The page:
Side Story: For a while I was purchasing several boxes a week of assorted stones from a guy who owns a rock shop in California...he was charging me just a little over the cost of shipping. There was a real mix of material he sent in each box (I still haven't opened about many of the boxes), some of them were scraps from projects, and others were broken pieces or material that he couldn't sell, but, one of the boxes had just a big grey stone sitting in it with some faded marks. Sure, I was only paying shipping, but, I was a bit peeved to receive a boring old grey rock. I broke some pieces off and tumbled them and they are actually the nice green picasso jasper you see above...never seen it before in the rough form...never would have guessed it...
    *.* TNTC

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  11. #276
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    Re: Snakes and Stones

    Quote Originally Posted by Lord Sorril View Post
    ...Side Story: For a while I was purchasing several boxes a week of assorted stones from a guy who owns a rock shop in California...he was charging me just a little over the cost of shipping. There was a real mix of material he sent in each box (I still haven't opened about many of the boxes), some of them were scraps from projects, and others were broken pieces or material that he couldn't sell, but, one of the boxes had just a big grey stone sitting in it with some faded marks. Sure, I was only paying shipping, but, I was a bit peeved to receive a boring old grey rock. I broke some pieces off and tumbled them and they are actually the nice green picasso jasper you see above...never seen it before in the rough form...never would have guessed it...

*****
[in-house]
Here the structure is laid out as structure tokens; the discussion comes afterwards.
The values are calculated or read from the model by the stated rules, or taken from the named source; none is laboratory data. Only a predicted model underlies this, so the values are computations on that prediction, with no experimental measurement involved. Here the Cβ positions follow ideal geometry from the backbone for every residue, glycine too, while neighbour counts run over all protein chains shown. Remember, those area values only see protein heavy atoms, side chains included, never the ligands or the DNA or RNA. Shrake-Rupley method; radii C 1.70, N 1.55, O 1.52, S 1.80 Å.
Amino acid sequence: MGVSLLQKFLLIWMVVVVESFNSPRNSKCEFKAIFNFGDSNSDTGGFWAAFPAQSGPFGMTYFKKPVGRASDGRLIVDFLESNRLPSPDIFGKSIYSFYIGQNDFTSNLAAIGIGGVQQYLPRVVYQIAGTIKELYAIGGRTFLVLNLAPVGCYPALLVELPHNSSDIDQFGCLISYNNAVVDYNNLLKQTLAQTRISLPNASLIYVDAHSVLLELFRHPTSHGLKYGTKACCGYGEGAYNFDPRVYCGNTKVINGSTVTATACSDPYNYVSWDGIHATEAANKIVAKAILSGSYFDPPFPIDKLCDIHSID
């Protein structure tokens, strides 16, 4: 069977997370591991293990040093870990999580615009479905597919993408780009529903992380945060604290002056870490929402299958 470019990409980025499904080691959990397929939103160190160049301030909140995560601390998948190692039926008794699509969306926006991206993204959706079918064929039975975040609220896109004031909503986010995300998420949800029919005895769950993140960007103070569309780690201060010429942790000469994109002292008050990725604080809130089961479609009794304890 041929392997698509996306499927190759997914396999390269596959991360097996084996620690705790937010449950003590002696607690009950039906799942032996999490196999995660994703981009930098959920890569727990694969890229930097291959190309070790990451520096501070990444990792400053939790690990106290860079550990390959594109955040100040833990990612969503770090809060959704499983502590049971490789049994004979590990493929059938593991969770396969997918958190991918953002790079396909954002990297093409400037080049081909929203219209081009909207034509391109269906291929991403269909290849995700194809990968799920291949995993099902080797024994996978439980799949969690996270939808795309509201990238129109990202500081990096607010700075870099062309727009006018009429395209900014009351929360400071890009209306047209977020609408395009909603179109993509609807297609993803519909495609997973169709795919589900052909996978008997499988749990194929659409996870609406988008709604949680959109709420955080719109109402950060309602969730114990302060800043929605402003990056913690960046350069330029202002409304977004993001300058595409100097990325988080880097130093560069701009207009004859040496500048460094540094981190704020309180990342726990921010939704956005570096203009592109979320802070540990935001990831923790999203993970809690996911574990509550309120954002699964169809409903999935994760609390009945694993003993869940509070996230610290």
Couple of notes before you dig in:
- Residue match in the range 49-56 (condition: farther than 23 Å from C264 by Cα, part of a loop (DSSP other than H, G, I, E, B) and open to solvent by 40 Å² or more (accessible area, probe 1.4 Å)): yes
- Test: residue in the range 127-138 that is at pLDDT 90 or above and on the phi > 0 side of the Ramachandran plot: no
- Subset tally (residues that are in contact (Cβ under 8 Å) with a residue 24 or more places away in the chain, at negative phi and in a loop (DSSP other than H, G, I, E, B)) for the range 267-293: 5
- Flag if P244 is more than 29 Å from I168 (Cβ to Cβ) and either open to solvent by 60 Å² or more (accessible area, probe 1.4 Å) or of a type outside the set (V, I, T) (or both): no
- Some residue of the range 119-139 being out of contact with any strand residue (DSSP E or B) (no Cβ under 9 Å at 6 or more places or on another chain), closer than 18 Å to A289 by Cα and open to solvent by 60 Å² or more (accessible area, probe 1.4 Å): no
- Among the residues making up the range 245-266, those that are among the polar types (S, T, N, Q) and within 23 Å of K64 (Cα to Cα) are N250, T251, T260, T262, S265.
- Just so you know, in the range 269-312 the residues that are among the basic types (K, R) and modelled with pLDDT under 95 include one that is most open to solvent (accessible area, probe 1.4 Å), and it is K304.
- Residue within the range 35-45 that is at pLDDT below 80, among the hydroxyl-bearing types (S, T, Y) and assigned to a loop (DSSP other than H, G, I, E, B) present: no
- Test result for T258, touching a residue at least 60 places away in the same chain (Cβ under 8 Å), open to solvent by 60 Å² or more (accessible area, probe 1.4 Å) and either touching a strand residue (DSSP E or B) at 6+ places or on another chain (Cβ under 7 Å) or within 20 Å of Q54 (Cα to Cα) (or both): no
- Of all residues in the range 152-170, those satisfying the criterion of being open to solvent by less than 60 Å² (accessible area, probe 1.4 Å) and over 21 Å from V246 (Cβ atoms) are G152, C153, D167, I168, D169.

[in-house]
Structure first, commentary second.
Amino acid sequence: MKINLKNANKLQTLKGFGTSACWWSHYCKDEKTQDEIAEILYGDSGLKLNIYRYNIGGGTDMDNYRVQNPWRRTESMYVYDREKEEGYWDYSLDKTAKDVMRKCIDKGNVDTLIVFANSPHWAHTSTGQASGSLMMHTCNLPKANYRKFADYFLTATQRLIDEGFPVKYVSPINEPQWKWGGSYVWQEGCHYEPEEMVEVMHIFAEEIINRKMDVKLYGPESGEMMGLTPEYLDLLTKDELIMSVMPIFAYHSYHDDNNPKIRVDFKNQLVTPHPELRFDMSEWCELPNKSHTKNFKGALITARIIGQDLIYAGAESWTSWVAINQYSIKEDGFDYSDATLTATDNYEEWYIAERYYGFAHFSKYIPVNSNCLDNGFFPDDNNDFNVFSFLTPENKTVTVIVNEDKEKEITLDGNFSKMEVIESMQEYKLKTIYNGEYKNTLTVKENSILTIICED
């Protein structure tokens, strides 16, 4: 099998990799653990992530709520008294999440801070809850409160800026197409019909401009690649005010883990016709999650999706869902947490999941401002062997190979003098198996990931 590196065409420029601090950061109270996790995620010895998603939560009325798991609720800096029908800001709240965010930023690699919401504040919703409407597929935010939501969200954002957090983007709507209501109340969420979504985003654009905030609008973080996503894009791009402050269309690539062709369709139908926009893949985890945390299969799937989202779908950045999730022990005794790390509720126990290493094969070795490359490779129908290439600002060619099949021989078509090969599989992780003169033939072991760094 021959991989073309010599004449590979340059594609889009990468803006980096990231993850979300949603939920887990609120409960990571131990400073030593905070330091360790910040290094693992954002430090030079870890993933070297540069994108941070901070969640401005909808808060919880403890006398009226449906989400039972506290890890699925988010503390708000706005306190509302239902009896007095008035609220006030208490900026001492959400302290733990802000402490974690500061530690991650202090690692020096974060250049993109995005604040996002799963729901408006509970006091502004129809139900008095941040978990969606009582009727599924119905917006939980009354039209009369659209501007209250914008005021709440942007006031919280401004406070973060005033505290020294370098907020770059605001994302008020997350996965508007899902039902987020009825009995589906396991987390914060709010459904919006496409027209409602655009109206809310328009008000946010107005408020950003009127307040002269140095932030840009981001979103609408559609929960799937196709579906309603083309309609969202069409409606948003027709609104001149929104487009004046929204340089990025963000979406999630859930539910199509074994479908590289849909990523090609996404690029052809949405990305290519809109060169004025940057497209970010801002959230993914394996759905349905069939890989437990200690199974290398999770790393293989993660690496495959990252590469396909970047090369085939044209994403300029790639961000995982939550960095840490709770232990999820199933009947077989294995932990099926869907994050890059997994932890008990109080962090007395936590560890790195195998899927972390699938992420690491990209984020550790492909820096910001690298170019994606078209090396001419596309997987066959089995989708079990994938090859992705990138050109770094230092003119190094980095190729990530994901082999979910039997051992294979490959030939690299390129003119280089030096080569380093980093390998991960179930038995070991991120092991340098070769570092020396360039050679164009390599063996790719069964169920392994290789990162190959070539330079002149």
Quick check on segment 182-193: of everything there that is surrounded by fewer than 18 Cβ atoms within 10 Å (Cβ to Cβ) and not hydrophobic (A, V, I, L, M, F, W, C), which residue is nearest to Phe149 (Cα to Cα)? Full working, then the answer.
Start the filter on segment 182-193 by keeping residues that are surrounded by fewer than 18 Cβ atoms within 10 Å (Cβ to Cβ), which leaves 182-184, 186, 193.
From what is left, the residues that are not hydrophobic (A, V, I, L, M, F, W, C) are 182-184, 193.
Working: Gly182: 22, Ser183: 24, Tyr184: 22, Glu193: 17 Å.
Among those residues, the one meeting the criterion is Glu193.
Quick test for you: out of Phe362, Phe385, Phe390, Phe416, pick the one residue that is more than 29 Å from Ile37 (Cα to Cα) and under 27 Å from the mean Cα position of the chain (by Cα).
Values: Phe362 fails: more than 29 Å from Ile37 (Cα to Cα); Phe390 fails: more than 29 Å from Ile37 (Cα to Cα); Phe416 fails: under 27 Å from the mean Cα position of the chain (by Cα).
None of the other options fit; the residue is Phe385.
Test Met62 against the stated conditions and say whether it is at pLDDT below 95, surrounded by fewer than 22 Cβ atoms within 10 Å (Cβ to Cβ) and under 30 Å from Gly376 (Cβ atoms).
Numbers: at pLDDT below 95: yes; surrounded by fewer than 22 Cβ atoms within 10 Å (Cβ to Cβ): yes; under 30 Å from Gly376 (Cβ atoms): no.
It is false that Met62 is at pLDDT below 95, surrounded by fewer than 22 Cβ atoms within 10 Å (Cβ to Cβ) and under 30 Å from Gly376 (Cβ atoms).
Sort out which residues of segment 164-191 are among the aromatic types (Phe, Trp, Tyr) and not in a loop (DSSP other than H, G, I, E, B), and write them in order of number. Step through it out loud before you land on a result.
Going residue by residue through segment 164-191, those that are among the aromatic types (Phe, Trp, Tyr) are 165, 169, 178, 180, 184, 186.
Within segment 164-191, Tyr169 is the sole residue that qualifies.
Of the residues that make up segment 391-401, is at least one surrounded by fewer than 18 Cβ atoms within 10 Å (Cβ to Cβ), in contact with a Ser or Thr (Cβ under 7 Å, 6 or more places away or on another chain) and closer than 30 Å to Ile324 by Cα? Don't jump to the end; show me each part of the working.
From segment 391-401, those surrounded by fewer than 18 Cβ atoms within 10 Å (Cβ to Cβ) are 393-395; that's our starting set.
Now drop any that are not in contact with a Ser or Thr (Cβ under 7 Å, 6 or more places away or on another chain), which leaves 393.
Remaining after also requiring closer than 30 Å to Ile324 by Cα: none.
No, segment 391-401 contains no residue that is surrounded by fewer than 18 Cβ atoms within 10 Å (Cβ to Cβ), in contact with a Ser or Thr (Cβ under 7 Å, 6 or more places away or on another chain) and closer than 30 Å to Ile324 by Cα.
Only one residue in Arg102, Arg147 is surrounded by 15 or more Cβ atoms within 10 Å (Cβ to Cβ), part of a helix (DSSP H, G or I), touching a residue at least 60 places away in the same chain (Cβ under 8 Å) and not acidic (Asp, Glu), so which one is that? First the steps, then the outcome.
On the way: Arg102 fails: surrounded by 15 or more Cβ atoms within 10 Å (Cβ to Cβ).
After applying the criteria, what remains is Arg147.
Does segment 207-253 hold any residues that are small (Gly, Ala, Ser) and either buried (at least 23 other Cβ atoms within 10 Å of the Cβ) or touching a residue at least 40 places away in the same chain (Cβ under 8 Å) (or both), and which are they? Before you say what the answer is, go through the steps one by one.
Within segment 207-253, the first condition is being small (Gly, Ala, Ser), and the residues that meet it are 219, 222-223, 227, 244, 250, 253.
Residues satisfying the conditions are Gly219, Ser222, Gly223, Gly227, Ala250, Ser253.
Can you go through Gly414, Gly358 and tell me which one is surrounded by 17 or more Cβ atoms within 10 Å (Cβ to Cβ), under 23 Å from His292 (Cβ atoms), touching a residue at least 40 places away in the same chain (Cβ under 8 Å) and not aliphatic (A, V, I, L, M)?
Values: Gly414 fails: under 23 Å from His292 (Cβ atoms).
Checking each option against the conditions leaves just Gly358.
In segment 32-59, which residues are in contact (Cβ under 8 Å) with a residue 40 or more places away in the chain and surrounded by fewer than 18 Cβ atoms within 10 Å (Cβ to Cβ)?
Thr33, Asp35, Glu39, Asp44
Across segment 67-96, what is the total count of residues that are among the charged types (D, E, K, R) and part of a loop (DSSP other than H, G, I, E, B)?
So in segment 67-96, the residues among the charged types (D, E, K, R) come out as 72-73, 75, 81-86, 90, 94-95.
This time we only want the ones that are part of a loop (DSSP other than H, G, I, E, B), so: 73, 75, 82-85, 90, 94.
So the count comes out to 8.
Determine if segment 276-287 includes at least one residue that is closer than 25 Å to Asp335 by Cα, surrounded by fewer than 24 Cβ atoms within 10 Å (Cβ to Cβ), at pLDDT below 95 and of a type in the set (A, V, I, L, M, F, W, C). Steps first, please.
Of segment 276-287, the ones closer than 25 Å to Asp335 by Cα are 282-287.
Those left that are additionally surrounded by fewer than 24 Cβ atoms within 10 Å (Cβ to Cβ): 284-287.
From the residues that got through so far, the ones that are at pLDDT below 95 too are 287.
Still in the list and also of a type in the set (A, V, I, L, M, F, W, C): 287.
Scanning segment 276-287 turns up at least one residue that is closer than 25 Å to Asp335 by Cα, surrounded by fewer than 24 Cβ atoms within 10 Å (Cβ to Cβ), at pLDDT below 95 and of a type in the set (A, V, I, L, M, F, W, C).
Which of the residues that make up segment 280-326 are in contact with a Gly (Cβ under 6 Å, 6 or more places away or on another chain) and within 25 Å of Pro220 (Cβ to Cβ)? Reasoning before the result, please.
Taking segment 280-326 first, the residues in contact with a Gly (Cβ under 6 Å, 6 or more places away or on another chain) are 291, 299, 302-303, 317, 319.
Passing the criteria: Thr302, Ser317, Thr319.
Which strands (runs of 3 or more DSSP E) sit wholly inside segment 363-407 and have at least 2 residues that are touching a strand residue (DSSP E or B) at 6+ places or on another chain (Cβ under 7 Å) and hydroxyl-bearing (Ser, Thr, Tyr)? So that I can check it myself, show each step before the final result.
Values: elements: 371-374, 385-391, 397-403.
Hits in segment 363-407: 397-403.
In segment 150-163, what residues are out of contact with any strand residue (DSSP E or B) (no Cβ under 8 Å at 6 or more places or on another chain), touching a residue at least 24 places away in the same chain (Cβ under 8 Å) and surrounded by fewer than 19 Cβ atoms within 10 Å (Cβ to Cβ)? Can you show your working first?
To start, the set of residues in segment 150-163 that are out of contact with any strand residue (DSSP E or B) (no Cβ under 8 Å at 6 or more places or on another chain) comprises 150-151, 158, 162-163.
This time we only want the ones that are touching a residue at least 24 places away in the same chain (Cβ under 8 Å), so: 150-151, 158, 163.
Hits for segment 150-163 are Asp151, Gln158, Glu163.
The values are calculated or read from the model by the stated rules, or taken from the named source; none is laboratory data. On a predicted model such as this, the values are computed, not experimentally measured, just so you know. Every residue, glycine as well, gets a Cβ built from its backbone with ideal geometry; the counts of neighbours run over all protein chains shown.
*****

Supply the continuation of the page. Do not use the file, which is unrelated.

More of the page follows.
What a nice surprise! I wonder if he knew what it was "inside"? Either way, you scored!
    Rudeness is the weak man's imitation of strength.
    Eric Hoffer (1902 - 1983)

  12. #277
    BPnet Veteran nikkubus's Avatar